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Newton Laws

VIEWS: 8 PAGES: 35

									          Friday Dec 10th

Friday – Dec 10th
1)Test
2)Asst: (a) Notes on work, power, and
  energy pp: 256-265, pp 284-301 (write
  the page number, as always)
        Monday Dec 13th
1. Turn in all dittoes, organize
   notebooks
2. Lecture notes part 1 – W, P, E
3. Asst: parts A and B on asst sheet
           Work, Energy, Power
Note – this unit looks VERY similar to the last unit:
• In that unit you had 2 basics equations:
• (1) J = F  t = p, or if the impulse was zero (as it is in a
  closed & isolated system), then:
• (2) p initial total = p final total
• See in later slides that, just like the impulse-momentum
  theorem above, we now have the work-energy theorem:
  (3) W = F  d = E
• And see in later slides that, just like we had the
  conservation of momentum in a closed & isolated system
  above, we now have the conservation of energy when the
  net work done is zero: (4) E initial total = E final total
• So, you will have both of those types of math-problems to
  solve on the test, as well as many conceptual problems
  again.
• (But note things are slightly more complicated this time, as
  the F  d, written & pronounced “F dot d” is a special type of
  multiplication, and there is more than one type of energy!)
                W = F  d = E
• Let’s talk about just the middle part of that equation…
• It is NOT normal multiplication;
• It is said as “Work equals F dot d”, where d is
  displacement.
• The “dot” means that only that component of the force
  that is in the direction of the displacement can be used
  when calculating work.
• This means that 90% of the time, W = F  d = F d cos .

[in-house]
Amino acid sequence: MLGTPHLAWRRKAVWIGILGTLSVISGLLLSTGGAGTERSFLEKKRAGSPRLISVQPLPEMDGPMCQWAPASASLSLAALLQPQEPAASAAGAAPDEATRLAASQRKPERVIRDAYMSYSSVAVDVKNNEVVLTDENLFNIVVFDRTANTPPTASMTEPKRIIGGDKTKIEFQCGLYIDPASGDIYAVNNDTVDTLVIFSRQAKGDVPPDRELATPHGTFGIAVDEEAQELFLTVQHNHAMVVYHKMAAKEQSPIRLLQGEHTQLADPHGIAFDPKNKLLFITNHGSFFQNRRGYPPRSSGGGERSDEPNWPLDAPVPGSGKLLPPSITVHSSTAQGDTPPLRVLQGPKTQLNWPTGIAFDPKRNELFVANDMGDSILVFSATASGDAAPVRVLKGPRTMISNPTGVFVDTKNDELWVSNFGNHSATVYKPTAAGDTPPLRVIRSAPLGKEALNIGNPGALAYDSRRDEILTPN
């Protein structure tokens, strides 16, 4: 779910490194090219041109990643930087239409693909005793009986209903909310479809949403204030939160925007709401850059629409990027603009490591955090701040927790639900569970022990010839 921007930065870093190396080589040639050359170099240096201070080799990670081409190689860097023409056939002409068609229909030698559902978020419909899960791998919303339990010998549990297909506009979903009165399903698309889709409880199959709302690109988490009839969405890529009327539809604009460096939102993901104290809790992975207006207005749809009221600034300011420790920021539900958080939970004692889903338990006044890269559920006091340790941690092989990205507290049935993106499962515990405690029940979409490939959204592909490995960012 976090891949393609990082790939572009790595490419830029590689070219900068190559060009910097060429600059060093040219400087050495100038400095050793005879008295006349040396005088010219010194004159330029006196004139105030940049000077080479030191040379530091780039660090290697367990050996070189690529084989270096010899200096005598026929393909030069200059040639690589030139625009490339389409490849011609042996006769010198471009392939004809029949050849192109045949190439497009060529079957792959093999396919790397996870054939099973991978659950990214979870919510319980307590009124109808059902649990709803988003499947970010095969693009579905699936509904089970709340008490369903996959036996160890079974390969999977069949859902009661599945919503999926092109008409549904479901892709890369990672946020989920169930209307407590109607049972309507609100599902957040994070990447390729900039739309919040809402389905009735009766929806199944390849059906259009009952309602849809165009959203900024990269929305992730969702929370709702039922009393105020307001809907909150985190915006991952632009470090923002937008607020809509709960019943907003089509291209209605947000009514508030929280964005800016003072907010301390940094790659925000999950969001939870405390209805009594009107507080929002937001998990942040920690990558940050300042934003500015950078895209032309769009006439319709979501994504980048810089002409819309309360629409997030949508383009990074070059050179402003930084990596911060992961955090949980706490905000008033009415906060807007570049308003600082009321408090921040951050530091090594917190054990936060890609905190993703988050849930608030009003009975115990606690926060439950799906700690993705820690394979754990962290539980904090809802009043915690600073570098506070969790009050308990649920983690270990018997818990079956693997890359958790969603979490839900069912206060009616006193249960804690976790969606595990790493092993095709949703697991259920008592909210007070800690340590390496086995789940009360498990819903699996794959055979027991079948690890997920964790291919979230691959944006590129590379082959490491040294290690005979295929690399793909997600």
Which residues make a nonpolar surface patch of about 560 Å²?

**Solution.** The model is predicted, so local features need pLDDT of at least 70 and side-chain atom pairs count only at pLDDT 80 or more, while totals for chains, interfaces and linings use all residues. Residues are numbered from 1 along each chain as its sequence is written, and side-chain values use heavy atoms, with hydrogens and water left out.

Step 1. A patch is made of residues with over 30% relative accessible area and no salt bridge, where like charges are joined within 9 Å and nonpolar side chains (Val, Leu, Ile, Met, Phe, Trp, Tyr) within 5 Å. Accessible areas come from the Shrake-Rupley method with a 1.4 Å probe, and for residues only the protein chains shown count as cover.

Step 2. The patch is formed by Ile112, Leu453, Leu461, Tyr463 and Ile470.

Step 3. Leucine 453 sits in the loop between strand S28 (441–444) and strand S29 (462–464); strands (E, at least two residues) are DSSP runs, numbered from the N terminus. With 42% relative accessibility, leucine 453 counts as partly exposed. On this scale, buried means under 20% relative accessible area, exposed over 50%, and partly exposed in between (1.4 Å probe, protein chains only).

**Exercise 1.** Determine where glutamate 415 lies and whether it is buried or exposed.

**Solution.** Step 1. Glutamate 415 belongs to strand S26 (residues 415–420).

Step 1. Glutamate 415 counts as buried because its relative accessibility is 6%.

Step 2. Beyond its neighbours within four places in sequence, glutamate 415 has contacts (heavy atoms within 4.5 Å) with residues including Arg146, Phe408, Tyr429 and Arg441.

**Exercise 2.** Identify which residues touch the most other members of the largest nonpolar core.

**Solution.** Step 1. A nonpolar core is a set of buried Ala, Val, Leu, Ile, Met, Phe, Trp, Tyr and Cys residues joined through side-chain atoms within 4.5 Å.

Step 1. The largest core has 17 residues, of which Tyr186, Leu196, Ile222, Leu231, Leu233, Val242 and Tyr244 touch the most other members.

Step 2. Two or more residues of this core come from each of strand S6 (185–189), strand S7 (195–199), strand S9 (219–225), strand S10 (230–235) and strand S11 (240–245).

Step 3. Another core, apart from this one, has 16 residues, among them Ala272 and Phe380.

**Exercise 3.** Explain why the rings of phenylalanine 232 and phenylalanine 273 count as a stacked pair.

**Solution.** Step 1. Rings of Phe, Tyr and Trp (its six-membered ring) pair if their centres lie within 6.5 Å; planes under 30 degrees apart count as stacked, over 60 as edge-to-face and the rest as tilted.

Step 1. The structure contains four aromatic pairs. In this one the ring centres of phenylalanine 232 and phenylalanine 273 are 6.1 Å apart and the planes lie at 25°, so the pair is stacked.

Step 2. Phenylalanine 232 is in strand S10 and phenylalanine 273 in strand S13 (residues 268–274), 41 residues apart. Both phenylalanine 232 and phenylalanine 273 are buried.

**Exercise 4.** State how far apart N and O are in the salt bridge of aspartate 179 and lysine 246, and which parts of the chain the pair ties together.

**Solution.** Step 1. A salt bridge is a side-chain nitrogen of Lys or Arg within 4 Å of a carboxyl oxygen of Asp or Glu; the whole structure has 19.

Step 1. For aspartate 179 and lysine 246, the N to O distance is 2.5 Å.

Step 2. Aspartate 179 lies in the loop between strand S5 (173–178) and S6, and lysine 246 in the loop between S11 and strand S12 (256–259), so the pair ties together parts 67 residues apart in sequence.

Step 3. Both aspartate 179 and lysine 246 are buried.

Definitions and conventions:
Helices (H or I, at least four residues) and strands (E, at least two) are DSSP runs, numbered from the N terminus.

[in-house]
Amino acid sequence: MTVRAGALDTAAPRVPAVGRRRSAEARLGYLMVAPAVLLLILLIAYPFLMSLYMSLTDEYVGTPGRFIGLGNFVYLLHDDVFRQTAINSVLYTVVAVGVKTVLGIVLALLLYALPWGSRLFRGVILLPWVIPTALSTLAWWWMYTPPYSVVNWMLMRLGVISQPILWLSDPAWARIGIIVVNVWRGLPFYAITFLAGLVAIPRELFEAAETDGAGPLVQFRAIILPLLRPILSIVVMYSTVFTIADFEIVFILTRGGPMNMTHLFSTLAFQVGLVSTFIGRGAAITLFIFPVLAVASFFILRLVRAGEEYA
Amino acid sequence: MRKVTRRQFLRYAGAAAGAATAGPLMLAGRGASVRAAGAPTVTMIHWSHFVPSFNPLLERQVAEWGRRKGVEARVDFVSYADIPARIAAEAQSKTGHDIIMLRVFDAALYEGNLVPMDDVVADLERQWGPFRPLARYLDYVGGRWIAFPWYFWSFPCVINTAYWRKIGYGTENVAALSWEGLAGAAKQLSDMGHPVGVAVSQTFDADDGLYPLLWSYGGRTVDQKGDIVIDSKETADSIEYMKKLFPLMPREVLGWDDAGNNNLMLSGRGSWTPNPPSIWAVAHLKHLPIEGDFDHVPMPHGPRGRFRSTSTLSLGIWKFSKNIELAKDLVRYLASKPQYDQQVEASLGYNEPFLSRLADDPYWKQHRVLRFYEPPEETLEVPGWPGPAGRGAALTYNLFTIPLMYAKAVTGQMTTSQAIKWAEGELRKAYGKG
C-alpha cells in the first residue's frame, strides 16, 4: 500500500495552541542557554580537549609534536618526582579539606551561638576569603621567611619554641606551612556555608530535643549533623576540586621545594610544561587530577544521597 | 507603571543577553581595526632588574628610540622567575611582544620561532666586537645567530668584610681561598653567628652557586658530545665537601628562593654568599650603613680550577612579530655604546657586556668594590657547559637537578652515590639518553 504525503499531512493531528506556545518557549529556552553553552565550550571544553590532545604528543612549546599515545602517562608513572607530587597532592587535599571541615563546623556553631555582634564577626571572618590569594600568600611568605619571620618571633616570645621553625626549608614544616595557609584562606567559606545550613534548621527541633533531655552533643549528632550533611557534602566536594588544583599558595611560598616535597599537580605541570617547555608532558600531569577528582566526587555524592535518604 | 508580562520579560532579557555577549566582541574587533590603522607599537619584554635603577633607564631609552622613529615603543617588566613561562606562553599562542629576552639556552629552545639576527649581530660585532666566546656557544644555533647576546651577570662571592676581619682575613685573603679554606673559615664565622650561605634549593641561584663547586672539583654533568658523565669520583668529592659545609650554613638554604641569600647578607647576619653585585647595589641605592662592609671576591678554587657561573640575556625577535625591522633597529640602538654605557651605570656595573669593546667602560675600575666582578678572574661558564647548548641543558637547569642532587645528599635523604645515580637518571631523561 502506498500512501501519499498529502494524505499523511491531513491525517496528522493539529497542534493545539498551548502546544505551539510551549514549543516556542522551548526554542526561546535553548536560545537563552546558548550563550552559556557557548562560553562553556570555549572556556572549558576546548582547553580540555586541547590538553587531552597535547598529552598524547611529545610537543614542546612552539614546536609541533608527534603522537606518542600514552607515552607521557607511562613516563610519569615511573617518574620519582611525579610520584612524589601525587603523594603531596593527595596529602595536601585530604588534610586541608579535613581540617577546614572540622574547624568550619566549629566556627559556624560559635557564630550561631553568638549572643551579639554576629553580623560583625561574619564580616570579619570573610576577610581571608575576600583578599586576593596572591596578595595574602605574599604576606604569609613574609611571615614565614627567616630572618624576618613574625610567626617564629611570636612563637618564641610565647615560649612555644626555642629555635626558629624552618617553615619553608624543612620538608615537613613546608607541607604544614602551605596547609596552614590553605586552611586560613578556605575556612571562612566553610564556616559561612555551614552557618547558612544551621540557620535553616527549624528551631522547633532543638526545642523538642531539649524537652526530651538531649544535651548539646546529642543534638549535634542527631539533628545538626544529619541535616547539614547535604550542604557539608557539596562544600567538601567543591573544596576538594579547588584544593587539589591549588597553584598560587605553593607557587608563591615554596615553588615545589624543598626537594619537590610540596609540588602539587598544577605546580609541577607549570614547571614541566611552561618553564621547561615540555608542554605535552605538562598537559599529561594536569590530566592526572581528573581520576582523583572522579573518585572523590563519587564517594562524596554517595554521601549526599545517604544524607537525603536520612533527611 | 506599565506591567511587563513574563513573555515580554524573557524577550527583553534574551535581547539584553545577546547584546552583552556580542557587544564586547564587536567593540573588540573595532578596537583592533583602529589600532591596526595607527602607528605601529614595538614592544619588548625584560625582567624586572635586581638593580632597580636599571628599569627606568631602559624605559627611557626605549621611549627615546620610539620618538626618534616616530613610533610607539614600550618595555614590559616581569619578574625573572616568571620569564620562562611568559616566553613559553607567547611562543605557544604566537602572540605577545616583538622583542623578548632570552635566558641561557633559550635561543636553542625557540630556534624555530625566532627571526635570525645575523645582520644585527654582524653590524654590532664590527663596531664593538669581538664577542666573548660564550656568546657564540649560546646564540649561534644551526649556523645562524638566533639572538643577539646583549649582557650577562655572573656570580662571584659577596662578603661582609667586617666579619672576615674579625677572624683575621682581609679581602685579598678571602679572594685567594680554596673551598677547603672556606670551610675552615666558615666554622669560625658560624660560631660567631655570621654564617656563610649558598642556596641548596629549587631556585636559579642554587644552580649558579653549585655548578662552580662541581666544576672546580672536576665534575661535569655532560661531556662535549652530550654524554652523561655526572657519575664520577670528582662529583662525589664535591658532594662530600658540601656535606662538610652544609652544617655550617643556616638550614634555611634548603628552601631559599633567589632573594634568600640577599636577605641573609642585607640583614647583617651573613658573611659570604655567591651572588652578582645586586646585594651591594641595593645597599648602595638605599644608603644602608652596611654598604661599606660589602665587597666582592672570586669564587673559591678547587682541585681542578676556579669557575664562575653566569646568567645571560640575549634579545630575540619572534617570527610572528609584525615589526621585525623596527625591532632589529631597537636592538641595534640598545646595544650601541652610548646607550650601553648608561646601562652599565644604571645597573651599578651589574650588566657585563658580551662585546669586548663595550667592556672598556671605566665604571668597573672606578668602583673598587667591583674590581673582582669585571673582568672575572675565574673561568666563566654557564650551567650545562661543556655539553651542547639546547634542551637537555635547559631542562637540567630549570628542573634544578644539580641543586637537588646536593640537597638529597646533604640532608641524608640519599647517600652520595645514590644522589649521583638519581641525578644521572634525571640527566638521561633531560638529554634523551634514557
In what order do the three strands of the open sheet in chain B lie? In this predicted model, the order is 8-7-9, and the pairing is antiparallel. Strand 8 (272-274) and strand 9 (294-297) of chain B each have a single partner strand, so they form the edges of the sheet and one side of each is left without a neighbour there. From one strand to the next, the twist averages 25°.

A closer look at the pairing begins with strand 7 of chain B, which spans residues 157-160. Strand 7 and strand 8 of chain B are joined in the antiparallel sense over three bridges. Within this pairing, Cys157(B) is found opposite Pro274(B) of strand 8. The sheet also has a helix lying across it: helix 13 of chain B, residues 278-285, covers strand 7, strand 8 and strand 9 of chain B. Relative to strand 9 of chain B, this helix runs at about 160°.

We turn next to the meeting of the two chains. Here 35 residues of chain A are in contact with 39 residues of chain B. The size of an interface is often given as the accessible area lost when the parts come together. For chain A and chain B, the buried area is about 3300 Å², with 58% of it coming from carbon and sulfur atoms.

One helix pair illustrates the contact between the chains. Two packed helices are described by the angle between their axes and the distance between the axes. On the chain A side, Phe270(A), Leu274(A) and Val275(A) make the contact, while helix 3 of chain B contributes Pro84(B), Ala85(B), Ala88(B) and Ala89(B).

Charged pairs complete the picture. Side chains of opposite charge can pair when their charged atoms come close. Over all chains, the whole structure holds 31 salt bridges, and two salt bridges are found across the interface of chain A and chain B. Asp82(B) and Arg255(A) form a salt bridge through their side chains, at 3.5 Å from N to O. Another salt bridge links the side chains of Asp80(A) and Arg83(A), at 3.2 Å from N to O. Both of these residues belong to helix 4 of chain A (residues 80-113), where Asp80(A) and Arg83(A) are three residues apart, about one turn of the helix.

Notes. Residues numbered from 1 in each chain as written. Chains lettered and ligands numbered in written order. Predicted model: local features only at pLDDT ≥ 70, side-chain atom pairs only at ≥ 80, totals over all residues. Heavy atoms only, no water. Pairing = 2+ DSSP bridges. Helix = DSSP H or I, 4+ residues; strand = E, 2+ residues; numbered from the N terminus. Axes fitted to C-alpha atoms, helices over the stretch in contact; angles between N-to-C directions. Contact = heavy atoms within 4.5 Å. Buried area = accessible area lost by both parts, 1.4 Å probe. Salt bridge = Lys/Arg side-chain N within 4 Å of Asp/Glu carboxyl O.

But in a few problems, if a weird angle is given to you, it
  MIGHT be a sine, so be careful!
• Similarly, if the force and displacement are in opposite
  directions, the work will be negative.
• If the force and displacement are perpendicular, the
  work will be zero.
• examples: slide a book along the floor & carry a book ...
• The unit for work is the Joule [J].
              P=W/t =Fv
• In the high school textbook, it is most common to use
  P = W / t, but there are a few problems that require
  P=Fv
• (The third part comes from making W = F  d and then
  dividing by time.)
• It is said as “Power is F dot v”, where v is velocity.
• The “dot” means that only that component of the force
  that is in the direction of the velocity can be used when
  calculating power.
• Similarly, if the force and velocity are in opposite
  directions, the power will be negative.
• If the force and velocity are perpendicular, the power
  will be zero.
• The unit for power is the Watt [W].
            Tuesday Dec 14
1.   Questions on last night’s HW / turn in
2.   And W, E, P notes
3.   Lecture notes
4.   Asst: parts C and D (but cross out #69,
     answer to #75b = 89 m) on asst sheet
        Work, Energy, Power
           continued...
• KE = ½mv2
• PE = mgh
• Kinetic energy has the symbol KE
• Gravitational potential energy has the
  symbol PE
• Both are also measured in Joules [J].
    There are other types of energy
   than those listed in the last slide:
• KE and PE are both types of what we call “mechanical energy”, which